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Initial Single Institution Experience of the Testing of the IAEA-AAPM Code of Practice for Small Field Dosimetry

M Huq

M Huq*, Y Zhang , M Hwang , P Teo , K Fallon , c Ozhasoglu , S Jang , r Lalonde , University of Pittsburgh Cancer Institute, Pittsburgh, PA


SU-K-205-11 (Sunday, July 30, 2017) 4:00 PM - 6:00 PM Room: 205

Purpose: The International Atomic Energy Agency (IAEA) and AAPM have jointly developed a new code of practice (CoP), TRS 483, for the dosimetry of small static photon fields. Procedures and data are provided for reference dosimetry in non-standard machine-specific reference (msr) fields. Consensus data on correction factors for use in conjunction with measured, detector-specific field output factors are also provided. This work presents the results of testing of the recommendations of this CoP.

Methods: Measurements were made for GammaKnife®, CyberKnife®, and TrueBeam™ STx machines. The recommendations of TRS483 were also followed for selection of detectors. Five ionization chambers were used for reference dosimetry measurements and seven diodes and two ionization chambers for field output factor measurements. For field output factor measurements, fourteen field sizes were measured for TrueBeam™ STx (0.5cm2 to 10cm2) and twelve for CyberKnife® (0.5cm to 6.0cm cones). Beam energies used for TrueBeam™ STx are: 6X, 6XFFF, 10X, 10XFFF. Where appropriate, results were compared with those obtained from the recommendations of TG51 addendum.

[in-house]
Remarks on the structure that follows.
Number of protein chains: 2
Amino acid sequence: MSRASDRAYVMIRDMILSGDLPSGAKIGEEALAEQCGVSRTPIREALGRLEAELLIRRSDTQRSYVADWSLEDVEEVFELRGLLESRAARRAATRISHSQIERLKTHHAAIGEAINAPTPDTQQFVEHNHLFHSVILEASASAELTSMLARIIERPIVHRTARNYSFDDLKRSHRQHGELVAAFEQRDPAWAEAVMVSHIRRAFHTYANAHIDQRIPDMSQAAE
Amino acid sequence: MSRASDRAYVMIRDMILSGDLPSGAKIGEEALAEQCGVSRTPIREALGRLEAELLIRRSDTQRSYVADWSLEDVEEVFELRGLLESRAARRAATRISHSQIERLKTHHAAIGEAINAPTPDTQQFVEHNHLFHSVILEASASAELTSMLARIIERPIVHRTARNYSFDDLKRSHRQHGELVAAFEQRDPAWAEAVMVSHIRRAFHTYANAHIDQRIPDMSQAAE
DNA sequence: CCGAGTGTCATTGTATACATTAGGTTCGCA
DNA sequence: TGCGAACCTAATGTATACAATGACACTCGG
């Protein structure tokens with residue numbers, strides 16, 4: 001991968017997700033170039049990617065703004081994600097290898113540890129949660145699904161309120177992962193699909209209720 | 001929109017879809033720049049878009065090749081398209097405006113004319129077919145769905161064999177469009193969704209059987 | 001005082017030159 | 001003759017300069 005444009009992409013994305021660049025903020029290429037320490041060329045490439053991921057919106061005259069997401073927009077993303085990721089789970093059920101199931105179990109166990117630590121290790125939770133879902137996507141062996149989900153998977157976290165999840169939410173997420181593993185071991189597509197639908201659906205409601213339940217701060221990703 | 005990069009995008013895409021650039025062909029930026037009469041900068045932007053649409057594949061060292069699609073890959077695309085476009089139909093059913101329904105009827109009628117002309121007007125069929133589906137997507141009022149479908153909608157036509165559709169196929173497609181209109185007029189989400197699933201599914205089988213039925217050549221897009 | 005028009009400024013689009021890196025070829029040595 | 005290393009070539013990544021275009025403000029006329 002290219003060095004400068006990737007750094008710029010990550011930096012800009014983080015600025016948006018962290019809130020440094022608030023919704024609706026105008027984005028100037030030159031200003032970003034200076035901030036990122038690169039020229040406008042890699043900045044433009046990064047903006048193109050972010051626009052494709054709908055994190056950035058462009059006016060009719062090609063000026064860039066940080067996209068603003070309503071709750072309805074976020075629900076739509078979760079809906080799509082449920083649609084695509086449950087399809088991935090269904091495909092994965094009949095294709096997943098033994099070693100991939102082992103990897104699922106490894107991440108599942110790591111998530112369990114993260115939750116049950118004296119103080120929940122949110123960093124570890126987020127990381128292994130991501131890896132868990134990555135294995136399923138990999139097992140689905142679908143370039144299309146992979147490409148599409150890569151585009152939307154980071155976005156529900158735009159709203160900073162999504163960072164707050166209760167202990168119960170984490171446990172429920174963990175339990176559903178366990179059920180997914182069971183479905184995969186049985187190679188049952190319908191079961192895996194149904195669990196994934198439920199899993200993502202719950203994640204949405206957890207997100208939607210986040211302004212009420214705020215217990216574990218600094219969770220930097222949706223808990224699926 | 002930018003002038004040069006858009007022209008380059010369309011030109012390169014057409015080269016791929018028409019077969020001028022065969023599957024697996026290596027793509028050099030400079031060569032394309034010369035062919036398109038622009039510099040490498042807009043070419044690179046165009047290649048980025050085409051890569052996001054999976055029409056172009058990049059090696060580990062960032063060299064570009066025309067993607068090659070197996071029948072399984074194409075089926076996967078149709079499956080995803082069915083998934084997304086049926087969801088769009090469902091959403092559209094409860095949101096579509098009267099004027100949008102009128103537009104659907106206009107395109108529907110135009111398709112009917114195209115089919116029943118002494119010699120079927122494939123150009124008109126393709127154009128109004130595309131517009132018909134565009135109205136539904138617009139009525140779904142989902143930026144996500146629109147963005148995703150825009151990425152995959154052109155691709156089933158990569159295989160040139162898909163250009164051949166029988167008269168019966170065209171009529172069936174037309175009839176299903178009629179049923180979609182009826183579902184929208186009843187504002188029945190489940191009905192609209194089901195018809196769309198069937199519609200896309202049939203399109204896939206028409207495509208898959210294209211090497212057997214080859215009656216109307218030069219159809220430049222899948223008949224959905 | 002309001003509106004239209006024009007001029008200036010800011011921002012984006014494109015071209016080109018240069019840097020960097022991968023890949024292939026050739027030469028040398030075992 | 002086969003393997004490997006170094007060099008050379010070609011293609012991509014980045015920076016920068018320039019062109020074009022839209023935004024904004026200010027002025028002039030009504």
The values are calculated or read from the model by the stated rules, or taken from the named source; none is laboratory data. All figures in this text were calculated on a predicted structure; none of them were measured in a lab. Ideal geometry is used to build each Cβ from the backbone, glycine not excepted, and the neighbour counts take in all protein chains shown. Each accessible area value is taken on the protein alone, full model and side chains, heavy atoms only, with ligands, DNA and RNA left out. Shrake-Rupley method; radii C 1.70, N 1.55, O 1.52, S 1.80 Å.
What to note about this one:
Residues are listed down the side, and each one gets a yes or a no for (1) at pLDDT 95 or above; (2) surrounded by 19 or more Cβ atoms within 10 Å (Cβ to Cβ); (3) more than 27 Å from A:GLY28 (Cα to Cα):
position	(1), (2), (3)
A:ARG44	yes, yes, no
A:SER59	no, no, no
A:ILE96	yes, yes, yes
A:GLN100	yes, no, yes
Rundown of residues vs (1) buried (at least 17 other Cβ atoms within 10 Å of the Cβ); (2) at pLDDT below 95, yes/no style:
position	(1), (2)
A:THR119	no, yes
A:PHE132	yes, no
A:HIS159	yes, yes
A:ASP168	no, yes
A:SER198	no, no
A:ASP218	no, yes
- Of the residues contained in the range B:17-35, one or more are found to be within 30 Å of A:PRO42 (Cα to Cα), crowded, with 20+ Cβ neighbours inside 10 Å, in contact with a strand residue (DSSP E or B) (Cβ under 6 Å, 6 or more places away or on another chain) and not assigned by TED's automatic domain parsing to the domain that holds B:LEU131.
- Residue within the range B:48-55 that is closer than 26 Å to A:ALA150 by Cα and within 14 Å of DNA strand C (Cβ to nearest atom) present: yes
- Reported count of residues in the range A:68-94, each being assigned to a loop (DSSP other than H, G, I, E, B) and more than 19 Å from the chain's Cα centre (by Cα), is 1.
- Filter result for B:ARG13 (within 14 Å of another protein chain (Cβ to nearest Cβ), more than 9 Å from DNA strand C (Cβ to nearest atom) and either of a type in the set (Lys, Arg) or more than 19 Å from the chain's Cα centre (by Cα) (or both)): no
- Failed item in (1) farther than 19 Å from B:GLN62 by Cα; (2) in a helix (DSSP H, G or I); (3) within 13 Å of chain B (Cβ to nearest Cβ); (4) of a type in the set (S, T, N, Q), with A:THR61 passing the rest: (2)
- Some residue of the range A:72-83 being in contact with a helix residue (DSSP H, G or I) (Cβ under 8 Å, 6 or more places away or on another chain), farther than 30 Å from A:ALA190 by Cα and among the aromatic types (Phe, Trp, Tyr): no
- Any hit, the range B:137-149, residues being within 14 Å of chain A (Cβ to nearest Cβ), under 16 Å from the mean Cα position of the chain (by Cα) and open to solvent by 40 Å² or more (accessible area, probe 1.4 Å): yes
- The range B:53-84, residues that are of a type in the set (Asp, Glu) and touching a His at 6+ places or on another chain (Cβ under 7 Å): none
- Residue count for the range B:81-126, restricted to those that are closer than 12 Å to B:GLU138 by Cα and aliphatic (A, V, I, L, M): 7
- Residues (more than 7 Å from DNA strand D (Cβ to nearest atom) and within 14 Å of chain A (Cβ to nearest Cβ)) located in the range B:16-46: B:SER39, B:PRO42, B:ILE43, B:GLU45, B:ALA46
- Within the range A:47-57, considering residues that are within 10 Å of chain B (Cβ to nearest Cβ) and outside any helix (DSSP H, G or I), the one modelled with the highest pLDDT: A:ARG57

Results: For GammaKnife® reference dosimetry, measurements with different detectors agreed to within 0.7% of each other; TRS483 and TG51 addendum results agreed to within 0.4%. For CyberKnife® reference dosimetry, measurements with different detectors agree to within 0.9%; TRS483 and TG51 addendum results agree to within 0.3%; field output factor data agree to within 1.4% down to 0.75cm cone. The largest difference of 5% from the mean value of the output factor was observed for the 0.5cm cone. For TrueBeam™ STx msr dosimetry, the agreement among all chamber measurements for TRS483 dosimetry and between TRS483 and TG51 addendum are within 0.5% for all beam energies.

Conclusion: Initial testing of the implementation of TRS483 has not shown any major issues and confirms the consistency of its recommendations for relative and msr dosimetry in all three platforms investigated.

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